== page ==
The Friday evening outreach forum (a DSA Convention tradition) brought together Interfaith Worker Justice’s Kim Bobo, Black Commentator’s Bill Fletcher, and Washington Post’s Harold Meyerson. All three of these speakers have appeared for DSA in Chicago before, but this was the first time for all three together. The topic was “The Politics of the Economic Crisis: Right Wing Populism or Left Wing Resurgence?” People who make a point of attending DSA events might have considered this line up to be predictable. But each speaker brought a unique perspective and style to a particular aspect of the topic; however different the speeches, they were also complimentary. I couldn’t help but think of Neapolitan ice cream. I can’t do their presentations justice but this was one of the more powerful and informative panels I’ve witnessed at a DSA event. It should be available online soon.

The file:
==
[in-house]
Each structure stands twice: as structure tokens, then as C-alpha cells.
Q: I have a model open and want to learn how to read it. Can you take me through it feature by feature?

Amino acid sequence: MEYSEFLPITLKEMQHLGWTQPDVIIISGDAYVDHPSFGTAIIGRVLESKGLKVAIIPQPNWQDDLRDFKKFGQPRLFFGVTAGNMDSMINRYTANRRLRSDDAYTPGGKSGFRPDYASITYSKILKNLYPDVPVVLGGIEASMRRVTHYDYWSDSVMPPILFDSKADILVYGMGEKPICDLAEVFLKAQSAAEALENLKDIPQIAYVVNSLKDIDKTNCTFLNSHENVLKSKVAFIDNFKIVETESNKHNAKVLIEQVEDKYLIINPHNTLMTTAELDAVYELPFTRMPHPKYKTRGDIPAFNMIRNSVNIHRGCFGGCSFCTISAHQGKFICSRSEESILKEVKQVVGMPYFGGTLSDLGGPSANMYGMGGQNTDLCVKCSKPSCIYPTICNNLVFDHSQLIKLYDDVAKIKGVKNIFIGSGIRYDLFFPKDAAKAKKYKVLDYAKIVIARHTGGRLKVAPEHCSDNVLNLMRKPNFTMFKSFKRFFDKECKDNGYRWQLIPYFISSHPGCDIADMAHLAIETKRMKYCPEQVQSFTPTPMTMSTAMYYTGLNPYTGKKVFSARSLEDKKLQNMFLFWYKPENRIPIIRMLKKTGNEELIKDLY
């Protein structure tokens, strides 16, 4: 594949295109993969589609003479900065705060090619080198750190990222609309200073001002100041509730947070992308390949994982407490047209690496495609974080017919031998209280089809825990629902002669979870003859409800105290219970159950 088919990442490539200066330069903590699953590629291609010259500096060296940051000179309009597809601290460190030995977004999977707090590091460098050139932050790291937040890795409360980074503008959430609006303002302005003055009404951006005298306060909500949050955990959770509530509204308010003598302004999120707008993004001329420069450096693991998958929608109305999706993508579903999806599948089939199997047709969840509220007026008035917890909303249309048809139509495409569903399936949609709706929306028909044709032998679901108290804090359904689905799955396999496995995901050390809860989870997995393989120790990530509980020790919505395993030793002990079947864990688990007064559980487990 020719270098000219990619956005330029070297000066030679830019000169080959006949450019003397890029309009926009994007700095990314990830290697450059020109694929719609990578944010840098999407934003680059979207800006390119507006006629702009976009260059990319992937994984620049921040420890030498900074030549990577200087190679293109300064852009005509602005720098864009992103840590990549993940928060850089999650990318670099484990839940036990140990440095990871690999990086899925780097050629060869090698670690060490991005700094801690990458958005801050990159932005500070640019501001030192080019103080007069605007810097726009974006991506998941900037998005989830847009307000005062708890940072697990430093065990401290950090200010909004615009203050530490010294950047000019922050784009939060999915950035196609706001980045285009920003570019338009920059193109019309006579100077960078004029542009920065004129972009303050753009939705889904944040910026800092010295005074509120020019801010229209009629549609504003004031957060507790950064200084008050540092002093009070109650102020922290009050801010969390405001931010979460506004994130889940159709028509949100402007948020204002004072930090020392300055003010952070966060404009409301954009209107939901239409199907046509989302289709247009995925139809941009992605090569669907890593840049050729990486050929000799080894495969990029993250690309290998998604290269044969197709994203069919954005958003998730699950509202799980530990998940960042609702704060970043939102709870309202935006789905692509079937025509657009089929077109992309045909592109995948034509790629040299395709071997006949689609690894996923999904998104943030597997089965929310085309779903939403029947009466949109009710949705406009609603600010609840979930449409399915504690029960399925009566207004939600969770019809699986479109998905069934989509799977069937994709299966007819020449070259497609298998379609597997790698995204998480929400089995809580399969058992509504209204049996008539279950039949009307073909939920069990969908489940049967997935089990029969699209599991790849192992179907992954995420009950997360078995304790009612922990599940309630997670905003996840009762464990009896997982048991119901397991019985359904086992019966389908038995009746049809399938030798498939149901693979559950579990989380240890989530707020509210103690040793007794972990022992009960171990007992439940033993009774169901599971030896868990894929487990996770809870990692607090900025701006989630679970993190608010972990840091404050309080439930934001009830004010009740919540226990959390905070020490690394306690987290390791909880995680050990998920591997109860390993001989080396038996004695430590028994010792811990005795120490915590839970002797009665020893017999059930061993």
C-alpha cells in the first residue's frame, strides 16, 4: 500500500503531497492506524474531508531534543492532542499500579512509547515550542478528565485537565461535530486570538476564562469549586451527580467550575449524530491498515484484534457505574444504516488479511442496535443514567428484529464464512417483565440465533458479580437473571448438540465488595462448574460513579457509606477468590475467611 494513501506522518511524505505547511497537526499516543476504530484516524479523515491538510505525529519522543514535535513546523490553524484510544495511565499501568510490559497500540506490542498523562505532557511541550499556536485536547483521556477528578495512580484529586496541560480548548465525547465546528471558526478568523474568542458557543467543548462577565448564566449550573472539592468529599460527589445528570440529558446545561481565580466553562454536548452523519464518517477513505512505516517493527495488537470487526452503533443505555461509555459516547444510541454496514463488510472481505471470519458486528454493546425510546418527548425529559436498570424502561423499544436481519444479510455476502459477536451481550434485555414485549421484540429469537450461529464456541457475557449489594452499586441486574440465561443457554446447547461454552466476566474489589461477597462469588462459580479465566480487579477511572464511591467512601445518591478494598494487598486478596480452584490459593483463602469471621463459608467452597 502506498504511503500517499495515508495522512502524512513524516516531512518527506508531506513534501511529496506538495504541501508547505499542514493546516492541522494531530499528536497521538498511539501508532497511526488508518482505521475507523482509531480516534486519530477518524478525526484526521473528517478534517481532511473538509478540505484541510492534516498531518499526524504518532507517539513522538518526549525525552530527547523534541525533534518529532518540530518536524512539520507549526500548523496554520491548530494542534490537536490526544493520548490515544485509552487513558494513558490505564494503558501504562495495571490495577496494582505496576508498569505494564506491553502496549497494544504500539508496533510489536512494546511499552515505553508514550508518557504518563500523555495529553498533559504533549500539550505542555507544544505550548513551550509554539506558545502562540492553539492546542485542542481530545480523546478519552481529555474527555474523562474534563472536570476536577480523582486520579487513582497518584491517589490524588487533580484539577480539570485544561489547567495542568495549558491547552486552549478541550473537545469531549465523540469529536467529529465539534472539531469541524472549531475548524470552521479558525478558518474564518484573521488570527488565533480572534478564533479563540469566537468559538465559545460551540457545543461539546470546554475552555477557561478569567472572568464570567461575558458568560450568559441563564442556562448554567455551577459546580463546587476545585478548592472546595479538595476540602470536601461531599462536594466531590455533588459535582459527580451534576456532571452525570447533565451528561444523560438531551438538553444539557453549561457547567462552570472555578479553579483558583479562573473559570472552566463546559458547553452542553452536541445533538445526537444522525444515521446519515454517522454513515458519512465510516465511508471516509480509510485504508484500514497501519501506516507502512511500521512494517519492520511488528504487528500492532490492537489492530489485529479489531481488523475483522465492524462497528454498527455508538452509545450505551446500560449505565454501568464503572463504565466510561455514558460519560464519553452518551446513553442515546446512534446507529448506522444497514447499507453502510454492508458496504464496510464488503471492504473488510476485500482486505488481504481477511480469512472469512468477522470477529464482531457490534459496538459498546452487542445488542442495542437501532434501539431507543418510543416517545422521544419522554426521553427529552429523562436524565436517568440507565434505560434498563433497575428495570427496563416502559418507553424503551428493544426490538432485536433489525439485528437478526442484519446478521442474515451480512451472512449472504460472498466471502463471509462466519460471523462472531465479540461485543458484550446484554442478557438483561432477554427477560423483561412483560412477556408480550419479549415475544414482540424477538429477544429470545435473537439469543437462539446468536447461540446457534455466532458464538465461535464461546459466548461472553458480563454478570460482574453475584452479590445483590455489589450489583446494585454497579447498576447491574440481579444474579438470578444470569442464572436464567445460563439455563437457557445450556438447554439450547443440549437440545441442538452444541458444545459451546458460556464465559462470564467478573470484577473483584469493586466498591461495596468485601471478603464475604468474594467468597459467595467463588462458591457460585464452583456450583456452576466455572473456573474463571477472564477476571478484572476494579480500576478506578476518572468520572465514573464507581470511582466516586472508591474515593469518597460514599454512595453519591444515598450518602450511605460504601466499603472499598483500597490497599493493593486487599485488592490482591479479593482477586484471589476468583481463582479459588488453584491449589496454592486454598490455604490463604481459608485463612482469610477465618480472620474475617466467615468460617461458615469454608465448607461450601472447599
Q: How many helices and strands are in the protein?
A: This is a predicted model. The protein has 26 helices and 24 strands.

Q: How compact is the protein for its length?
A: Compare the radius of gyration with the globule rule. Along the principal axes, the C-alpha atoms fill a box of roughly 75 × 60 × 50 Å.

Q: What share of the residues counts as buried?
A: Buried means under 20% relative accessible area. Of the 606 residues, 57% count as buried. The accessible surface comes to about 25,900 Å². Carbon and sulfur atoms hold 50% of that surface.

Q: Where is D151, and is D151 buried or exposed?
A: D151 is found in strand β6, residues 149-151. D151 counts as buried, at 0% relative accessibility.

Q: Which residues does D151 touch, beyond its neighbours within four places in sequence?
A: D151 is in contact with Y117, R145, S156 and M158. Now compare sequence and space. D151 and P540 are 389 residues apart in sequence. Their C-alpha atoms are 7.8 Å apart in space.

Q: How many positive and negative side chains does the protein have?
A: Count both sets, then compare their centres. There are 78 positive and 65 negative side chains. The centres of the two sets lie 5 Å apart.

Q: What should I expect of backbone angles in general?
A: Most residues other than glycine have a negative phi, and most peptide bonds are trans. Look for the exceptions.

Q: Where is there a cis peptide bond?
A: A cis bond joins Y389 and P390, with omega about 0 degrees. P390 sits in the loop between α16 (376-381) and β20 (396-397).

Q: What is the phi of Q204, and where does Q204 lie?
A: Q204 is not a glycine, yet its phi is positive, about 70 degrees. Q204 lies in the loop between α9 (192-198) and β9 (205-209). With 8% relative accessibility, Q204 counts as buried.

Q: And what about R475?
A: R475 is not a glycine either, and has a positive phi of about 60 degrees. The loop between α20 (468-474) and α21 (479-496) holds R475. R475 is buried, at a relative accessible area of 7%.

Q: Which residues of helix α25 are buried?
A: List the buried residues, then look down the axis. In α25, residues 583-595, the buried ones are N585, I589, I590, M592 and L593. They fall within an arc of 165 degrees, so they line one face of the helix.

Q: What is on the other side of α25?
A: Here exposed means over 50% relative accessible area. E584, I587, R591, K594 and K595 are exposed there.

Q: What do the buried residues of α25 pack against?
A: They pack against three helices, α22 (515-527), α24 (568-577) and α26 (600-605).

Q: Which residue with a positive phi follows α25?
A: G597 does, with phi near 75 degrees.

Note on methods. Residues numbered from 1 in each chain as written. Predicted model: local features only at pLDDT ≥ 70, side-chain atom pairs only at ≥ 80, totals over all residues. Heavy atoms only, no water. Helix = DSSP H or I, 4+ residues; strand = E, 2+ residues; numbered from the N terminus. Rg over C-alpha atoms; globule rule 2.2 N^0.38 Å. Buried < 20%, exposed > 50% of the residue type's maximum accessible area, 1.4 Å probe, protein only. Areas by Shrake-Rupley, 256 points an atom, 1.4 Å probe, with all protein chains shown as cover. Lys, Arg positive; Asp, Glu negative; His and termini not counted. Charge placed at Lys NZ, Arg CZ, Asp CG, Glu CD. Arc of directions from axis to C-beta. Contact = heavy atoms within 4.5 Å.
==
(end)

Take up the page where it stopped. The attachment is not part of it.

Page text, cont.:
The Saturday evening banquet is also a DSA Convention tradition. This time the speakers were to be Harvard University’s Elaine Bernard and In These Times’ Joel Bleifuss. Unfortunately, Elaine Bernard was suffering an allergenic reaction to medication and was unable to come to Chicago. Much of Joel Bleifuss’ speech was based on an article by William Domhoff that will be appearing in the In These Times January issue. DSA should have the speech online before then.
Delegates also elected a new National Political Committee (NPC). This body functions as DSA’s board of directors and is evenly split between males and females with seats reserved for minorities. Also traditional at DSA Conventions: only the male seats had more candidates (by one) than seats. Only one female seat remains unfilled. No co-chairs were nominated or elected. Five of the fifteen NPC members are from the Young Democratic Socialists (YDS). This pretty much reflects the demographics of DSA membership with a majority of members being either over 55 years old or under 30.